Conclusion

Capnography is a sensitive intraoperative test for localizing the phrenic nerve during the supraclavicular approach to the brachial plexus.

Background

Early surgical intervention after brachial plexus injury is the best predictor of a favourable functional outcome after a trial of conservative management. Electrodiagnostic studies like sensory evoked potentials (SEP), electromyography (EMG) and nerve compound action potentials (NCAPs) are performed intraoperatively to aid in monitoring, guiding, identifying and localizing nerve function.[1] Though these diagnostic modalities have contributed immensely to the improved surgical outcomes following brachial plexus repair, their use may prove cumbersome and prone to errors of interpretation. Direct observation of muscle belly contraction after nerve stimulation remains the gold standard to detect intact neuronal function.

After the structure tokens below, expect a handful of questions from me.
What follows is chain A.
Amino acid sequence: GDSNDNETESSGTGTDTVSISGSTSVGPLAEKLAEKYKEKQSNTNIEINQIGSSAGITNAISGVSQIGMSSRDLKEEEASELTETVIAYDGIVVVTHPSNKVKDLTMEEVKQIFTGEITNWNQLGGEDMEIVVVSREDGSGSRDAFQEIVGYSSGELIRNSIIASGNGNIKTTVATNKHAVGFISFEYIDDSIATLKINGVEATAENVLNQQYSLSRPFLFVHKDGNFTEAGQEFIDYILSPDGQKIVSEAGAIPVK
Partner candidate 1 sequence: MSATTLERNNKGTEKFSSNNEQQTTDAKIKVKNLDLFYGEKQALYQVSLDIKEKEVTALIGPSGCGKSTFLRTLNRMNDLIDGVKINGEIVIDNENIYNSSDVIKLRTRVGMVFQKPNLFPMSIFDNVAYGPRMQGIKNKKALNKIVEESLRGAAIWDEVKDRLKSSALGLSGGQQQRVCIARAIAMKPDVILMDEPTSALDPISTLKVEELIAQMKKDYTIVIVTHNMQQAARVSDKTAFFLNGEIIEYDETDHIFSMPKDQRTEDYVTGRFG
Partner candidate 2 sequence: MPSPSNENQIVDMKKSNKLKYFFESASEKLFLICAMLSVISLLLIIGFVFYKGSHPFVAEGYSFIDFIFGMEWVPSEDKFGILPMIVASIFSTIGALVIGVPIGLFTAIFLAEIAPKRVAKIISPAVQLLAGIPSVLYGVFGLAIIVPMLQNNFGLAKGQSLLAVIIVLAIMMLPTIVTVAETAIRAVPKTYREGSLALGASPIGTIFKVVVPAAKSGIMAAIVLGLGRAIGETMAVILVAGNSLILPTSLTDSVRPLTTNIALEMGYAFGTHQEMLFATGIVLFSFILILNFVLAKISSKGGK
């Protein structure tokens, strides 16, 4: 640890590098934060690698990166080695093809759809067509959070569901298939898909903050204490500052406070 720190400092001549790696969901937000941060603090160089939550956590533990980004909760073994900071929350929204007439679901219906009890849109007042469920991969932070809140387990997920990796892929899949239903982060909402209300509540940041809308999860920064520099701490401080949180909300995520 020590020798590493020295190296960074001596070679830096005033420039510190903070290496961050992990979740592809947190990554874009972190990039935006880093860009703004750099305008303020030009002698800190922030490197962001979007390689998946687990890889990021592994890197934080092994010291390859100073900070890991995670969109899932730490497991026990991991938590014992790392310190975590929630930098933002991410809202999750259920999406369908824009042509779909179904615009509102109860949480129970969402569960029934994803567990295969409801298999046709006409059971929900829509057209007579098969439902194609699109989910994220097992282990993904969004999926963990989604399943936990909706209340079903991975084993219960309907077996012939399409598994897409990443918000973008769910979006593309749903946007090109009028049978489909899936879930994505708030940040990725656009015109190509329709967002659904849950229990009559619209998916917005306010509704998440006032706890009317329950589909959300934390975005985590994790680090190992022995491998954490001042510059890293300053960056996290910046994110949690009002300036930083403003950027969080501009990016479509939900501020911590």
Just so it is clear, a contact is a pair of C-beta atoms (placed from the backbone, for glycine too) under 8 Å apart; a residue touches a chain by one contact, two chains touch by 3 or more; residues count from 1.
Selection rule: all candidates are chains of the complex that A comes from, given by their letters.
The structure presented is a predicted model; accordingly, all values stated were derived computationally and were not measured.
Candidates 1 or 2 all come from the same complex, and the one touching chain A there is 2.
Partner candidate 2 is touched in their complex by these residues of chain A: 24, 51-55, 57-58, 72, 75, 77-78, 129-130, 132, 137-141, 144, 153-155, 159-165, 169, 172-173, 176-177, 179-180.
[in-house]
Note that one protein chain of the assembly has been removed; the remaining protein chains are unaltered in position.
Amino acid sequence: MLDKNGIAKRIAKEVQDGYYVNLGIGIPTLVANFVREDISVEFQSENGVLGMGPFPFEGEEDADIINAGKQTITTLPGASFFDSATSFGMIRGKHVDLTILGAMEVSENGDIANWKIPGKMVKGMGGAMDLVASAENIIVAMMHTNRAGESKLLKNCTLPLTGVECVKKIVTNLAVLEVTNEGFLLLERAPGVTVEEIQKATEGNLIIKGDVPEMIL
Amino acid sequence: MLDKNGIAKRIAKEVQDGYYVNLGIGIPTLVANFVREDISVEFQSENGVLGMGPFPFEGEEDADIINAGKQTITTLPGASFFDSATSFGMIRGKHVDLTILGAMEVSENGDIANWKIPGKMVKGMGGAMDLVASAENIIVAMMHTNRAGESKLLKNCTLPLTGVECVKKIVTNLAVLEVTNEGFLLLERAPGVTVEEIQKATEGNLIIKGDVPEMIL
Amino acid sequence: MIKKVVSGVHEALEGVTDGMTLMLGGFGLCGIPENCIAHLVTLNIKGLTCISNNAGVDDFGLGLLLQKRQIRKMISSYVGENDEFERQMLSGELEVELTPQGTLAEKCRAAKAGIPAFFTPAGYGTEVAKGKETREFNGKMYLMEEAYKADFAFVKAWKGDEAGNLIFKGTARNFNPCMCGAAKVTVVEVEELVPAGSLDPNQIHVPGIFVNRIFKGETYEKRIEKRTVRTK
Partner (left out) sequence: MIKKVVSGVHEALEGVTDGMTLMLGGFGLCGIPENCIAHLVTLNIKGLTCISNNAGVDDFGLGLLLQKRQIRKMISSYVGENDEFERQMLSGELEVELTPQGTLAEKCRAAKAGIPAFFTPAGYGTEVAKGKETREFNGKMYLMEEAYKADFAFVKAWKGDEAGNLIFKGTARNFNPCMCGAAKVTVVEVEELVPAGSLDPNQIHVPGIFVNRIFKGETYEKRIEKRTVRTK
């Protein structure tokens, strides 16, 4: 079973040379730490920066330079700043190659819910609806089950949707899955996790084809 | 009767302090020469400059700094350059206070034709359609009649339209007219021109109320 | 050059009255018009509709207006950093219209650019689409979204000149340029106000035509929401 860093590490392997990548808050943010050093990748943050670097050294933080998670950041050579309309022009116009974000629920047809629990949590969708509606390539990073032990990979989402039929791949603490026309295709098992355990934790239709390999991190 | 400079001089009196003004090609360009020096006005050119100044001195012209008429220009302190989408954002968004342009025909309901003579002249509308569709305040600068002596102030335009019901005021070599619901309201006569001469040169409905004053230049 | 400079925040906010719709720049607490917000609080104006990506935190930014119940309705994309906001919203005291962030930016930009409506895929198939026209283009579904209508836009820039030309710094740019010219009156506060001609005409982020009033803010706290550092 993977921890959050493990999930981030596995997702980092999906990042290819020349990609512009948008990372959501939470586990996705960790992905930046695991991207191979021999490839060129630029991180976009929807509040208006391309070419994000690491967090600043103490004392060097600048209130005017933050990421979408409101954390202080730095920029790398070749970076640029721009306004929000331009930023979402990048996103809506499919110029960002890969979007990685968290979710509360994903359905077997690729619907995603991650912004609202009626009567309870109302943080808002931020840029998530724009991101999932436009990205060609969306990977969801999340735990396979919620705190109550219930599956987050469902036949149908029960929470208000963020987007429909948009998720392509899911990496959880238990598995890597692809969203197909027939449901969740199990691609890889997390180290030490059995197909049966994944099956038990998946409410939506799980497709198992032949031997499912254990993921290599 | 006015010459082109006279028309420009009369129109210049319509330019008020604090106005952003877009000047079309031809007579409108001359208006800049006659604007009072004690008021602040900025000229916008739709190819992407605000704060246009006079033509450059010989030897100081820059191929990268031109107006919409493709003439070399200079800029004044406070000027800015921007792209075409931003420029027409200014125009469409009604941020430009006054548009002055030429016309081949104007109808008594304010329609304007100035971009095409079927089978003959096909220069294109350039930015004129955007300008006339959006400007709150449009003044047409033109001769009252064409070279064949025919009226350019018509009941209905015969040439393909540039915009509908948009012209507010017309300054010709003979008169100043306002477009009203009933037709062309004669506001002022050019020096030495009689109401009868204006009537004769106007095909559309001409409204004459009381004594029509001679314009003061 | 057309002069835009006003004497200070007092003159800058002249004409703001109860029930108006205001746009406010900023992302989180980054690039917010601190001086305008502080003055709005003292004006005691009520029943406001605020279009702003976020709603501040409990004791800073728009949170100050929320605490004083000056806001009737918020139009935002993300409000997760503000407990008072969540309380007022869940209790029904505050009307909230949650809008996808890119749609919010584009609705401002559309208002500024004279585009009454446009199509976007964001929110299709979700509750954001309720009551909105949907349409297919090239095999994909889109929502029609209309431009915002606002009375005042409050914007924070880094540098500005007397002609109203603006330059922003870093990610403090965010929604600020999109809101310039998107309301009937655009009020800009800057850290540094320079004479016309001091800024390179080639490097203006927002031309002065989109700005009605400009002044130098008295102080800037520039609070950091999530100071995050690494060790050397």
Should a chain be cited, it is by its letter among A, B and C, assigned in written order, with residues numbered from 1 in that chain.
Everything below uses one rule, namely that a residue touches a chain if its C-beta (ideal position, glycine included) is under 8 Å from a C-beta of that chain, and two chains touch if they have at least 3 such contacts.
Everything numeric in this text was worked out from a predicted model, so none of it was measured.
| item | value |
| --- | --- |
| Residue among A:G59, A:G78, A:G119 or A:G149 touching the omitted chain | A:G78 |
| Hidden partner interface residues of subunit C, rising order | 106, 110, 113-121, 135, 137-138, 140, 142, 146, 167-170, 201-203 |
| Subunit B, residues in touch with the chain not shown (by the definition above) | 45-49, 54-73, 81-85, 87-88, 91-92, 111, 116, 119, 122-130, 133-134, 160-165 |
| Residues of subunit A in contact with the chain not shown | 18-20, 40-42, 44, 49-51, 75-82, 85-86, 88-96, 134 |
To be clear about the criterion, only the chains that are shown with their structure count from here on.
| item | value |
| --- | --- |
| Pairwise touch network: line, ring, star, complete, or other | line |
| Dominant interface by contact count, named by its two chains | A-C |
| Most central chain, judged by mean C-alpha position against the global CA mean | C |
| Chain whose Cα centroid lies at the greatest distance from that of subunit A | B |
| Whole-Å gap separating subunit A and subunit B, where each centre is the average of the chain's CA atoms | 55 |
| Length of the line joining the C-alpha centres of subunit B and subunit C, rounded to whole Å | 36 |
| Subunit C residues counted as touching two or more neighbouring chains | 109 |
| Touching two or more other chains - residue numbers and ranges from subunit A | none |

Phrenic nerve identification is a key step during the supraclavicular approach for brachial plexus surgery. Capnography is a technique to record end-tidal carbon dioxide (ETCO2) and is one of the standards of monitoring in anesthetic care. The authors describe the use of capnography as an aid in the intraoperative localization of the phrenic nerve.

Methods

Three adult patients with diagnosed traction panbrachial plexus lesions were scheduled for supra and infraclavicular exploration and neurotization of the suprascapular, axillary and musculocutaneous nerves.